WASHINGTON (Reuters) - The Federal Bureau of Investigation has declined for now to give the House Oversight Committee documents it had requested regarding communications between former FBI chief James Comey and President Donald Trump, the head of the panel said on Thursday.
The FBI said it was still evaluating the request, which had a committee-set deadline of Wednesday, in light of the appointment of a special prosecutor to look into the possibility of collusion between Trump's presidential campaign and Russian officials seeking to influence the 2016 election, according to a letter released by committee Chairman Jason Chaffetz.
In a responding letter, Chaffetz said he still wanted any related documents that would be outside the scope of the special counsel's investigation, and a list of documents found to be within the scope of the probe, by June 8.
"I am seeking to better understand Comey's communications with the White House and Attorney General in such a way that does not implicate the Special Counsel's work," Chaffetz said in the letter.
Chaffetz made his initial request for documents after a New York Times report that Comey had written in a memo that Trump asked him to halt an FBI investigation into ties between former White House national security adviser Michael Flynn and Russian officials.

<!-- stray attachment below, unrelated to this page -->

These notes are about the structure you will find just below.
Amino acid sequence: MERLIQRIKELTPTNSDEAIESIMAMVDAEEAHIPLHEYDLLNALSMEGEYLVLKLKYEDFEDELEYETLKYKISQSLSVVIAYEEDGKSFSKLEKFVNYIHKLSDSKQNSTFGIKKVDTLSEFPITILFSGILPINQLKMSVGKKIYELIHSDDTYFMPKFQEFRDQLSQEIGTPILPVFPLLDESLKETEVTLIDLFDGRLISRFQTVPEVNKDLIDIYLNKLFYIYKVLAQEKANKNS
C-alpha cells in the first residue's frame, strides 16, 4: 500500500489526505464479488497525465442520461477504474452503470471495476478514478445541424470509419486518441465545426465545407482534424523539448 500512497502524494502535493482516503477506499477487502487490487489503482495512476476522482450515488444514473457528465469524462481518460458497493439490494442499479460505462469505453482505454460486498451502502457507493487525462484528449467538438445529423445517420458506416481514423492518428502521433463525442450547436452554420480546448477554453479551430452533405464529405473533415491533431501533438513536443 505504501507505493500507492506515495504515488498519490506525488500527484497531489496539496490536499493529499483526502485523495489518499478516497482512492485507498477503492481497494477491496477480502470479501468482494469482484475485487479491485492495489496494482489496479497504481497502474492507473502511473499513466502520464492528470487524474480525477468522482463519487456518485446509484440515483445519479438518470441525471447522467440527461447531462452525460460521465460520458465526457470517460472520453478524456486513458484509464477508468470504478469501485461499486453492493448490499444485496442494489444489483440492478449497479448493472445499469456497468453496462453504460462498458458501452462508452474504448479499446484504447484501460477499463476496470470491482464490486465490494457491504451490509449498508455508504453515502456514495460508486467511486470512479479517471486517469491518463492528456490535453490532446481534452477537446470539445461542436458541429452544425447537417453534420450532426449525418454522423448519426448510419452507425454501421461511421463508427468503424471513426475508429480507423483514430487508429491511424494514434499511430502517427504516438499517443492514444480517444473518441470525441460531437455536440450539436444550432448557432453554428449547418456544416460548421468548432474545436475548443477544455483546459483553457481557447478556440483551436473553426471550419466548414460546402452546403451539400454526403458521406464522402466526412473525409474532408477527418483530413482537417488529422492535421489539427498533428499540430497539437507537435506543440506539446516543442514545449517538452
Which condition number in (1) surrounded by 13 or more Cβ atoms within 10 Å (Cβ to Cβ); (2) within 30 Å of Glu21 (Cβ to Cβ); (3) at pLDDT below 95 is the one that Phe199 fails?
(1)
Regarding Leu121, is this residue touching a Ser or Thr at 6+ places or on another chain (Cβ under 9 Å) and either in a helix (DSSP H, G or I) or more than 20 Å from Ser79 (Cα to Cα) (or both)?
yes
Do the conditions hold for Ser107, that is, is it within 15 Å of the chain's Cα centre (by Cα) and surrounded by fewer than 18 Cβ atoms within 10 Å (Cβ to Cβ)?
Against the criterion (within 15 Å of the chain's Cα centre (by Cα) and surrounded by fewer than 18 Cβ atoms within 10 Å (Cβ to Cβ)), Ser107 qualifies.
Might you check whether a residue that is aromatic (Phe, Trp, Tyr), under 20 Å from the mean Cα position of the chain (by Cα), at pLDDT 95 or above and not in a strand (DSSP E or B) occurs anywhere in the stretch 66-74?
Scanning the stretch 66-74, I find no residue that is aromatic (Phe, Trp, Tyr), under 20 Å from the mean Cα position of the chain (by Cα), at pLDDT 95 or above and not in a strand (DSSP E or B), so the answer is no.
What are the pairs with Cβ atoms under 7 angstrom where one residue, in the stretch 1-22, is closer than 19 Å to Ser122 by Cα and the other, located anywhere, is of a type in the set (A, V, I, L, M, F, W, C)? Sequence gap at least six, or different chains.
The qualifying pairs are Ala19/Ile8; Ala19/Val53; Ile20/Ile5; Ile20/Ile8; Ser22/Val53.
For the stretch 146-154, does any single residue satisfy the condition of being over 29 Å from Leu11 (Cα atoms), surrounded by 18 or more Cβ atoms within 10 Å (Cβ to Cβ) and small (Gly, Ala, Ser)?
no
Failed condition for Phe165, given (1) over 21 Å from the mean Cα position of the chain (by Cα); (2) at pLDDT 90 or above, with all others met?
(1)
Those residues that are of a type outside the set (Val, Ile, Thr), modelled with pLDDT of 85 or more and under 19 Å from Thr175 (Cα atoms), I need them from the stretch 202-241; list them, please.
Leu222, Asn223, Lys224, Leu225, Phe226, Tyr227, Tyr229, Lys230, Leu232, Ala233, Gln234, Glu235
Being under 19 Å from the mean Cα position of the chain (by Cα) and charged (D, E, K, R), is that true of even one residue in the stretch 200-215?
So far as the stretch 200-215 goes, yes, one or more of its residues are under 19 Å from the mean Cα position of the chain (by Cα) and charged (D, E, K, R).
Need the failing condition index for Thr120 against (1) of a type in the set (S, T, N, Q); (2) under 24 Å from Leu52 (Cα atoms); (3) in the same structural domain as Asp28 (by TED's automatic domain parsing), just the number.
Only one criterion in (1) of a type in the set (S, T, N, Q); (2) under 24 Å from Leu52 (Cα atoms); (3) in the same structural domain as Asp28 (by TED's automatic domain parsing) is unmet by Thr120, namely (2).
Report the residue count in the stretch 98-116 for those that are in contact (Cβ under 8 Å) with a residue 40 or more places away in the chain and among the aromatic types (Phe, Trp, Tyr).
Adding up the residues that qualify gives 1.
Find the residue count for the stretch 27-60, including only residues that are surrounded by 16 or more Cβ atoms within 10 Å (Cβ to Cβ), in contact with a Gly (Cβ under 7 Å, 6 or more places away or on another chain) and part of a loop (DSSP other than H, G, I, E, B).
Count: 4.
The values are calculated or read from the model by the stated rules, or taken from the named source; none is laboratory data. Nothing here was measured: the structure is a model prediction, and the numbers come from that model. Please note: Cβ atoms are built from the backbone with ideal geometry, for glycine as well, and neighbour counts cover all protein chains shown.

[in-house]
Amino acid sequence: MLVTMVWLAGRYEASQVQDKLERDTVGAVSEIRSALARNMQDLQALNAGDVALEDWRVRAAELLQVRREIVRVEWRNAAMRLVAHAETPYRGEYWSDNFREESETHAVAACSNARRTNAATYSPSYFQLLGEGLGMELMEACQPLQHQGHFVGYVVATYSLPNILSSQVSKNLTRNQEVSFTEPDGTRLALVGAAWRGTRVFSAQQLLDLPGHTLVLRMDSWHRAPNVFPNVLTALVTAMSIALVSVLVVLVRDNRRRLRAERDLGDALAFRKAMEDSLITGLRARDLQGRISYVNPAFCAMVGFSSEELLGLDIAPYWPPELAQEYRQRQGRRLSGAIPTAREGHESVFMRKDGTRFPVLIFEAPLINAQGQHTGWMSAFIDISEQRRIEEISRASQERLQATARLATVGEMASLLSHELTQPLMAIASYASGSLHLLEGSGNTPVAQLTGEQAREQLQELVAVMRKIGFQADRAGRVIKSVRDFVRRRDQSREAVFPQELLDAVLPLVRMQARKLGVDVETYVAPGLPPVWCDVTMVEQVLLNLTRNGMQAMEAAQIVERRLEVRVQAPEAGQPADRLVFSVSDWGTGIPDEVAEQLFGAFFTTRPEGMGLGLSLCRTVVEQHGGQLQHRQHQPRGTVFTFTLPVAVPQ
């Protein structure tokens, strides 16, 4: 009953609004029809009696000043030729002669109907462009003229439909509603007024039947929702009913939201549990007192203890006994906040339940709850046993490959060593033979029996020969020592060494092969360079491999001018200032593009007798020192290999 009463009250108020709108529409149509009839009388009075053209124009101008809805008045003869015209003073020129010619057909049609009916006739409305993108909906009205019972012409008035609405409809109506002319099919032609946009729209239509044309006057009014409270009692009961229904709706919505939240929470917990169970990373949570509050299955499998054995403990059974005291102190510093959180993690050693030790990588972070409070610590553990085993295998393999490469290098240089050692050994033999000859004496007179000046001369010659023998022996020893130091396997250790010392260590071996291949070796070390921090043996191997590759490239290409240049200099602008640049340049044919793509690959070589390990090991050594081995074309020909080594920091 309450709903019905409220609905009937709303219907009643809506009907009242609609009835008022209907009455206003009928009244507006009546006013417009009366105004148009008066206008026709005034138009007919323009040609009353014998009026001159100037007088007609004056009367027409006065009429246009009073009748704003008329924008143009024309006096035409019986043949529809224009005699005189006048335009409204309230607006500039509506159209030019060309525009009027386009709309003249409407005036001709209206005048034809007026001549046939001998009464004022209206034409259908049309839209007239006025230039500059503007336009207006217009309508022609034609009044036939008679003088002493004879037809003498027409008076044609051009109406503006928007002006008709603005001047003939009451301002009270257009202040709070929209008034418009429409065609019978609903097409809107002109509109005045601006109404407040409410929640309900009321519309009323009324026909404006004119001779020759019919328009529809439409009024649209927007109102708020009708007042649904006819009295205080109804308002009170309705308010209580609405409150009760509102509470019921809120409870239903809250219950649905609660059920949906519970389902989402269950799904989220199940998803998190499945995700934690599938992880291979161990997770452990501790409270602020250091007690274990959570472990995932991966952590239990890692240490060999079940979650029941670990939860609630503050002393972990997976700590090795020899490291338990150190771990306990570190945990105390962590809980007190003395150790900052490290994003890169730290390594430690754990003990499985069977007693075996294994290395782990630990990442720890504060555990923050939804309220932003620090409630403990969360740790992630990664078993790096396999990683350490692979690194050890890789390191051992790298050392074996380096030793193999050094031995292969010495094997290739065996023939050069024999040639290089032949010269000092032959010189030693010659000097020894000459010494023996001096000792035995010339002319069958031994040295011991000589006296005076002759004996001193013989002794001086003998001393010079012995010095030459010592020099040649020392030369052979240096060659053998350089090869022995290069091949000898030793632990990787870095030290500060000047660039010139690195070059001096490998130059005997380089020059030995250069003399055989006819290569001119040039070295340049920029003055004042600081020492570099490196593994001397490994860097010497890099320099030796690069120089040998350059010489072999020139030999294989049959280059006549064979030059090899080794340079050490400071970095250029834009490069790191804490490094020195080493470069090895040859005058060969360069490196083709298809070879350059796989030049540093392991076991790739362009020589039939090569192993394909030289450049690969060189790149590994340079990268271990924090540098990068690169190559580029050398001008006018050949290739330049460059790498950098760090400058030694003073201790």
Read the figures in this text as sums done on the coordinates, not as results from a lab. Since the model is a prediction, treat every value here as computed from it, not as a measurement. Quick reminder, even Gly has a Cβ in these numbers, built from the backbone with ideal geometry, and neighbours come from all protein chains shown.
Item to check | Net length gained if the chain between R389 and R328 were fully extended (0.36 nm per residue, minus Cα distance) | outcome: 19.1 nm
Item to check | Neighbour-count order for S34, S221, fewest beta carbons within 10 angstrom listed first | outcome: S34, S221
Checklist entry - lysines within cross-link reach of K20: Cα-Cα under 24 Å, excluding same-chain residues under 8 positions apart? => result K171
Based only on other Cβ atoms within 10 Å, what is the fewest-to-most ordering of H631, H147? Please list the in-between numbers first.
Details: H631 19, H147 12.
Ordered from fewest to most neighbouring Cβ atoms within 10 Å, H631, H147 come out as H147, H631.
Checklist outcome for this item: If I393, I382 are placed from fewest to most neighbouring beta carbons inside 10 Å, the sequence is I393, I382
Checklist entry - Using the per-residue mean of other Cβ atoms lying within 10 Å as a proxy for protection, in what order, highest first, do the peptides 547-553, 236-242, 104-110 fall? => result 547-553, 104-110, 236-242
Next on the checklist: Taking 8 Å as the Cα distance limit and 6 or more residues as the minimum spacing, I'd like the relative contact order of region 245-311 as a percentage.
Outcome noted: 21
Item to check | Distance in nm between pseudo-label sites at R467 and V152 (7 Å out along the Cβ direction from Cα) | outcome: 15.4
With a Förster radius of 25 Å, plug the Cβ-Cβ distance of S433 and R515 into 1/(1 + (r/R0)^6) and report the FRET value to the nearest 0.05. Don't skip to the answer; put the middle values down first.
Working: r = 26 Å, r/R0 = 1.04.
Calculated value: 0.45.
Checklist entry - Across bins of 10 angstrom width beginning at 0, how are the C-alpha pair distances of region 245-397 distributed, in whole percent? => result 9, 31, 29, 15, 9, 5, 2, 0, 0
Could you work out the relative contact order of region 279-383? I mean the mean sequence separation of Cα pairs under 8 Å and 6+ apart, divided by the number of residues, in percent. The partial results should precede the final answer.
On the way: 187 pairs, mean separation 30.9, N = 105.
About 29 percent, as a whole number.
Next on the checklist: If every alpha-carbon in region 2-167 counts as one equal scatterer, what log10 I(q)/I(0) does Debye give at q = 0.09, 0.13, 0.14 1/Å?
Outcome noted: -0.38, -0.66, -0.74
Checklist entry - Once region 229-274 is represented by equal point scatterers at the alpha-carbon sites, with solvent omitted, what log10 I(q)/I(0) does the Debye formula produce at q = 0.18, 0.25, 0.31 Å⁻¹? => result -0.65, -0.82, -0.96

Chaffetz's panel is one of several in Congress investigating alleged efforts by Russia to tip the election to Trump, and the possibility that Trump associates had coordinated with Moscow.
Members of the Senate Intelligence Committee made it easier on Wednesday for that panel to obtain documents for its investigation. Its chairman, Republican Richard Burr, told reporters that members had agreed unanimously to allow him and Mark Warner, its top Democrat, to issue subpoenas as they see fit, without a vote by the committee.
The controversy has engulfed Trump's administration since he fired Comey on May 10. Moscow has repeatedly denied the allegations and Trump denies any collusion.
The FBI letter's to Chaffetz on Thursday noted the appointment of former FBI Director Robert Mueller last week as special counsel to investigate the issue.
"In light of this development and other considerations, we are undertaking appropriate consultation to ensure all relevant interests implicated by your request are properly evaluated," the letter said.
(Reporting by Eric Walsh and Patricia Zengerle; Editing by Tim Ahmann and Peter Cooney)